The compressor's crankshaft (figure 2, item 1) is turned by an electric motor, via a V-belt drive. As the crankshaft
turns, the pistons move up and down. During the downstroke of the low-pressure piston (figure 2, item 2), air is
drawn through an intake valve in the head of the compressor into the low-pressure cylinder (figure 2, item 3).
During the upstroke of the piston, this air is compressed.
The air that was compressed by the low-pressure piston (figure 2, item 2) is then released through a discharge
valve in the head of the compressor to a finned tube intercooler where the heat resulting from compression is
allowed to dissipate. The cooler compressed air is then drawn into the high-pressure cylinder by the downstroke
of the high-pressure piston (figure 2, item 4). On the upstroke of the high-pressure piston, the air is further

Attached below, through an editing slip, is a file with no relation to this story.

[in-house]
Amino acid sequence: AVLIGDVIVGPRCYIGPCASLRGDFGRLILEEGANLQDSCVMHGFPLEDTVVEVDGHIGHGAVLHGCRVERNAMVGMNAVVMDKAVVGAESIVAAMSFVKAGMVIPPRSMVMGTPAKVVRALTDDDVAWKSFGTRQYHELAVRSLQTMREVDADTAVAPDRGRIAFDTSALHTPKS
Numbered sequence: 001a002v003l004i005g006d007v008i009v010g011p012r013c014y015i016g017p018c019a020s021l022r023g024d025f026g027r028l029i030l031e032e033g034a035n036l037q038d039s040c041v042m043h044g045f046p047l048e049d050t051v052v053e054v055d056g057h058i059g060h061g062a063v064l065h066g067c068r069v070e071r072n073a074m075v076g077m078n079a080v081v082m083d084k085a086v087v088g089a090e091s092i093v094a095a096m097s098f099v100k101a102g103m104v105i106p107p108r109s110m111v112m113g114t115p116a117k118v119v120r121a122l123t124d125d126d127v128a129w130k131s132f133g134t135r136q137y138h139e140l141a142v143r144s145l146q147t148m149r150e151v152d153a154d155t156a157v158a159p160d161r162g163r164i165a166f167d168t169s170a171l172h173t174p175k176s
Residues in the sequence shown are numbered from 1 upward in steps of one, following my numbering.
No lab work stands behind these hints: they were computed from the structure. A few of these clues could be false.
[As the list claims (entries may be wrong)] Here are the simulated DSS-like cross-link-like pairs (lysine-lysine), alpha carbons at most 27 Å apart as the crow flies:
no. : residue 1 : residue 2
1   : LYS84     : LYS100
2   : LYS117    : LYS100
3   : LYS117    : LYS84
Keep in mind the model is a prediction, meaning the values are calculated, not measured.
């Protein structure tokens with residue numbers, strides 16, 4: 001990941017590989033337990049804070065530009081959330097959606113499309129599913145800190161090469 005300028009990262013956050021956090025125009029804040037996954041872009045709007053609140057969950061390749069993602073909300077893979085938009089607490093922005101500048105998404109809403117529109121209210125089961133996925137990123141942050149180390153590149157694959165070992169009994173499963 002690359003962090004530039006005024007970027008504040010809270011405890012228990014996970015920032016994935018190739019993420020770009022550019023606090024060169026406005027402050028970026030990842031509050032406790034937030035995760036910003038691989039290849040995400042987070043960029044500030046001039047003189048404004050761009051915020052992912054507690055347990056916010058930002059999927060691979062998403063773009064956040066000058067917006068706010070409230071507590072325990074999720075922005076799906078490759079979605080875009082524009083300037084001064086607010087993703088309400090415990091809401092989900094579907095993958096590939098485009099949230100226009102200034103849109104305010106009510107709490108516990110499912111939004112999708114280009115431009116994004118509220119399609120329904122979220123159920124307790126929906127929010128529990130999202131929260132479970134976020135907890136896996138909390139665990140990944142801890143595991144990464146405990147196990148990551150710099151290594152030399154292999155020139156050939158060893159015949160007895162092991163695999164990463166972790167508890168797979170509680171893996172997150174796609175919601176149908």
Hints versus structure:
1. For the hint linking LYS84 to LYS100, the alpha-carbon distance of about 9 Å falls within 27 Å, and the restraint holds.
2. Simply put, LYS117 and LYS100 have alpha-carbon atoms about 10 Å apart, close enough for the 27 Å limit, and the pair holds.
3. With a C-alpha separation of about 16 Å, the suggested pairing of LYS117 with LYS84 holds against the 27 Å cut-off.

compressed before being discharged through a discharge valve in the compressor head. At this point, the
compressed air enters the vessel's compressed air piping system enroute to the starting air receivers.
Figure 2. Air Compressor
The air compressor is pressure lubricated. The moving parts within the crankcase (figure 2, item 5) are supplied
with lubrication by a positive displacement, gerotor type oil pump (figure 2, item 6). Oil is drawn up from the
bottom of the crankcase to the oil pump through an oil sump strainer screen (figure 2, item 7). The oil is then
forced under pressure through the oil filter (figure 2, item 8). After being filtered, the oil travels under pressure
through drilled journals in the crankshaft (figure 2, item 1) and connecting rods (figure 2, item 9) to lubricate
crankshaft bearings, wrist pin bearings, and the cylinder walls.